Bizarre music video featuring a cgi animated Nazi army composed of anthropomorphized piglets. The video is for a song called Shvayne by a 19 year old Russian singer named Natasha Ionova, who performs under the name Glukoza. Video is embedded flash animation.
posted by jonson on Sep 8, 2005 - 40 comments

I Don't Wanna Work

CGI animation of Neil Peart playing YYZ. Large (43.5Mb) .wmv file.
posted by fandango_matt on Jul 10, 2005 - 27 comments

Alien planet

Alien planet "The drama takes place on Darwin IV, a fictional planet 6.5 light-years from Earth, with two suns and 60 percent gravity. Having identified Darwin as a world that could support life, Earth sends a pilot mission consisting of the mothership and three probes." Discovery channel feature, Flash heavy site, via Pharyngula.
posted by dhruva on May 9, 2005 - 20 comments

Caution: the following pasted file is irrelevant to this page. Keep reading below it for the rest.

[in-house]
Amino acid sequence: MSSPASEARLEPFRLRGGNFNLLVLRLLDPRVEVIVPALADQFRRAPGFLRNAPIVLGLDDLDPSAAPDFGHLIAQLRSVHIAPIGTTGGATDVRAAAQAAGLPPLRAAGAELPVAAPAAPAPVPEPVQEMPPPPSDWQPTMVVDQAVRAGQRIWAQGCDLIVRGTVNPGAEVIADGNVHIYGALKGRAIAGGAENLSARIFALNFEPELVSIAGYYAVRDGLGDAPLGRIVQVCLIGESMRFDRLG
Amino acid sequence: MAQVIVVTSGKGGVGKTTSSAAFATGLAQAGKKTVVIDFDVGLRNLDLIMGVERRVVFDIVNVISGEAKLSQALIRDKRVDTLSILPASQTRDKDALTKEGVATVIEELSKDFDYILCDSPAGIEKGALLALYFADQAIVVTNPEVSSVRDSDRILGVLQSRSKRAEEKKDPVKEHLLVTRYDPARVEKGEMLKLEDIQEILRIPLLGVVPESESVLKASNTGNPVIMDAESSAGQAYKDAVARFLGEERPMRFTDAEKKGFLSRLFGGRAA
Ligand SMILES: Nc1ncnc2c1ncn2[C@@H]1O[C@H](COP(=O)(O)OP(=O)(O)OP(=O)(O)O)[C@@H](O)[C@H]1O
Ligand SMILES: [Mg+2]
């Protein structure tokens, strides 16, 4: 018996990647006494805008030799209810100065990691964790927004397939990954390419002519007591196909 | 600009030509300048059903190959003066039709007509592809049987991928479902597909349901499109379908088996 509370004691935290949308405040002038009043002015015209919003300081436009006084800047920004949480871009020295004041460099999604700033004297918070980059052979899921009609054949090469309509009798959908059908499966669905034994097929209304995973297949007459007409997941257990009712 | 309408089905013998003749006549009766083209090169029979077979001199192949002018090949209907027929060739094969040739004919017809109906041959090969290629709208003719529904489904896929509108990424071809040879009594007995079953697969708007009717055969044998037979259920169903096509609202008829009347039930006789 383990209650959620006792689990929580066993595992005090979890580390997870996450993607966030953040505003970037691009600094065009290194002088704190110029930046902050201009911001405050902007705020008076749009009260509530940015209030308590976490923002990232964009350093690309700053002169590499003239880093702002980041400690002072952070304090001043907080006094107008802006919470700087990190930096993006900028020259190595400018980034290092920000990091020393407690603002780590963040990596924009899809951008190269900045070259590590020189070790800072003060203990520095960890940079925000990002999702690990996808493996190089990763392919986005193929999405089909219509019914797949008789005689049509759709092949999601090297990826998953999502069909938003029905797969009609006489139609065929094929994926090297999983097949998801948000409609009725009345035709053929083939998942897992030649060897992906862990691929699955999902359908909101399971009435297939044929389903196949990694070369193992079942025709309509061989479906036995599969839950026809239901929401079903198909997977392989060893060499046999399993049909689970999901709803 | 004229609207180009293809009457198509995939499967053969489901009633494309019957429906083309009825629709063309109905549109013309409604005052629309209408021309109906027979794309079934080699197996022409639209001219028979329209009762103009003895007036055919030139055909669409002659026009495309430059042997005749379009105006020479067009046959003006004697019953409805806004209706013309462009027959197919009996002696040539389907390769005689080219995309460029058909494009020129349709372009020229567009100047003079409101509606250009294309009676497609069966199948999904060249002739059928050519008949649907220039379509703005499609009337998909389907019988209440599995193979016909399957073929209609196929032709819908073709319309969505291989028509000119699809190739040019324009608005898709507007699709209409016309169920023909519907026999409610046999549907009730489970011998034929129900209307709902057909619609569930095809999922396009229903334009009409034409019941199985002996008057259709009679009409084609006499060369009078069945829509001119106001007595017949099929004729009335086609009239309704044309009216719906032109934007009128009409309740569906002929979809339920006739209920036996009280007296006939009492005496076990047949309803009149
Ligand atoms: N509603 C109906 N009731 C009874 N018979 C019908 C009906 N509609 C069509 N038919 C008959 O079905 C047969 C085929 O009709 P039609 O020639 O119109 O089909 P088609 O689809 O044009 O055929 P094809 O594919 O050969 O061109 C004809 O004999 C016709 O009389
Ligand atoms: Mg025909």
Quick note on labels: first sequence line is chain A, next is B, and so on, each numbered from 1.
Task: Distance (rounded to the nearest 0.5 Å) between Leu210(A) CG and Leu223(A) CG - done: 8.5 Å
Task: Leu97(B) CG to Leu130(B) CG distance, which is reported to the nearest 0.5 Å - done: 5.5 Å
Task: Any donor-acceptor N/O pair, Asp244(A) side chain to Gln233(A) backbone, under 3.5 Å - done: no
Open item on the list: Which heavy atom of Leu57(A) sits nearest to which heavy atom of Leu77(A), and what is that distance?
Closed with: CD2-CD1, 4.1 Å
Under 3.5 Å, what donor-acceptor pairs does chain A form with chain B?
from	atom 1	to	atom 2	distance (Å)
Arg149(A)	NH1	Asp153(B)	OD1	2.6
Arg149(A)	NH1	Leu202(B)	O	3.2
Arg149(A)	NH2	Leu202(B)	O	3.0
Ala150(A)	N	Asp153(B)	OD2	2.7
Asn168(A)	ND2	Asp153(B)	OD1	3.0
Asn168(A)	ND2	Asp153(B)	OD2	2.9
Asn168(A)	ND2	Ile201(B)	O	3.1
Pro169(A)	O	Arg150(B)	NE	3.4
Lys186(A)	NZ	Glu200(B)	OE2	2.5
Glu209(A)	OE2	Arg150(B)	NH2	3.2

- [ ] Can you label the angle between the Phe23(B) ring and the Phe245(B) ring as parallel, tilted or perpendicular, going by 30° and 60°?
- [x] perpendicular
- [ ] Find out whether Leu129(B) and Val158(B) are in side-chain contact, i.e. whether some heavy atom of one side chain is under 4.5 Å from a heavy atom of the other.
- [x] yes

Tragic Tale of the Christian Cucumber

How Bob the Tomato got squashed by Barney the Dinosaur
Phil Vischer, creator of those Veggie-Tales cartoons gives a reflective account of why he did not become "The Christian Disney". So why did Big Idea Productions fail while other "Holy Cultural Warriors" are thriving? (Maybe this guy was too sincerely Christian?)
A shorter version of this Tale from "Christianity Today" magazine here.
via the spiritual center of animation on the web: Cartoon Brew

posted by wendell on Apr 30, 2005 - 21 comments

fake or photo?

Fake or Photo? Can you tell the difference between a photo and a CG render?
posted by crunchland on Apr 25, 2005 - 43 comments

To sleep, perchance to be terrorized by muppets

Muppets Overtime via (MoFi) QT
posted by shawnj on Jan 20, 2005 - 25 comments

Friday Fun

Our Whizeels iz tha Shizeel Awesome compositing, audio and 3D work. I like art that make me want to step in to its world, (Note: QuickTime). The incredibly low barrier to entry for this kind of project, as compared to 10 or even 5 years ago blows my mind.
posted by Scoo on Nov 19, 2004 - 31 comments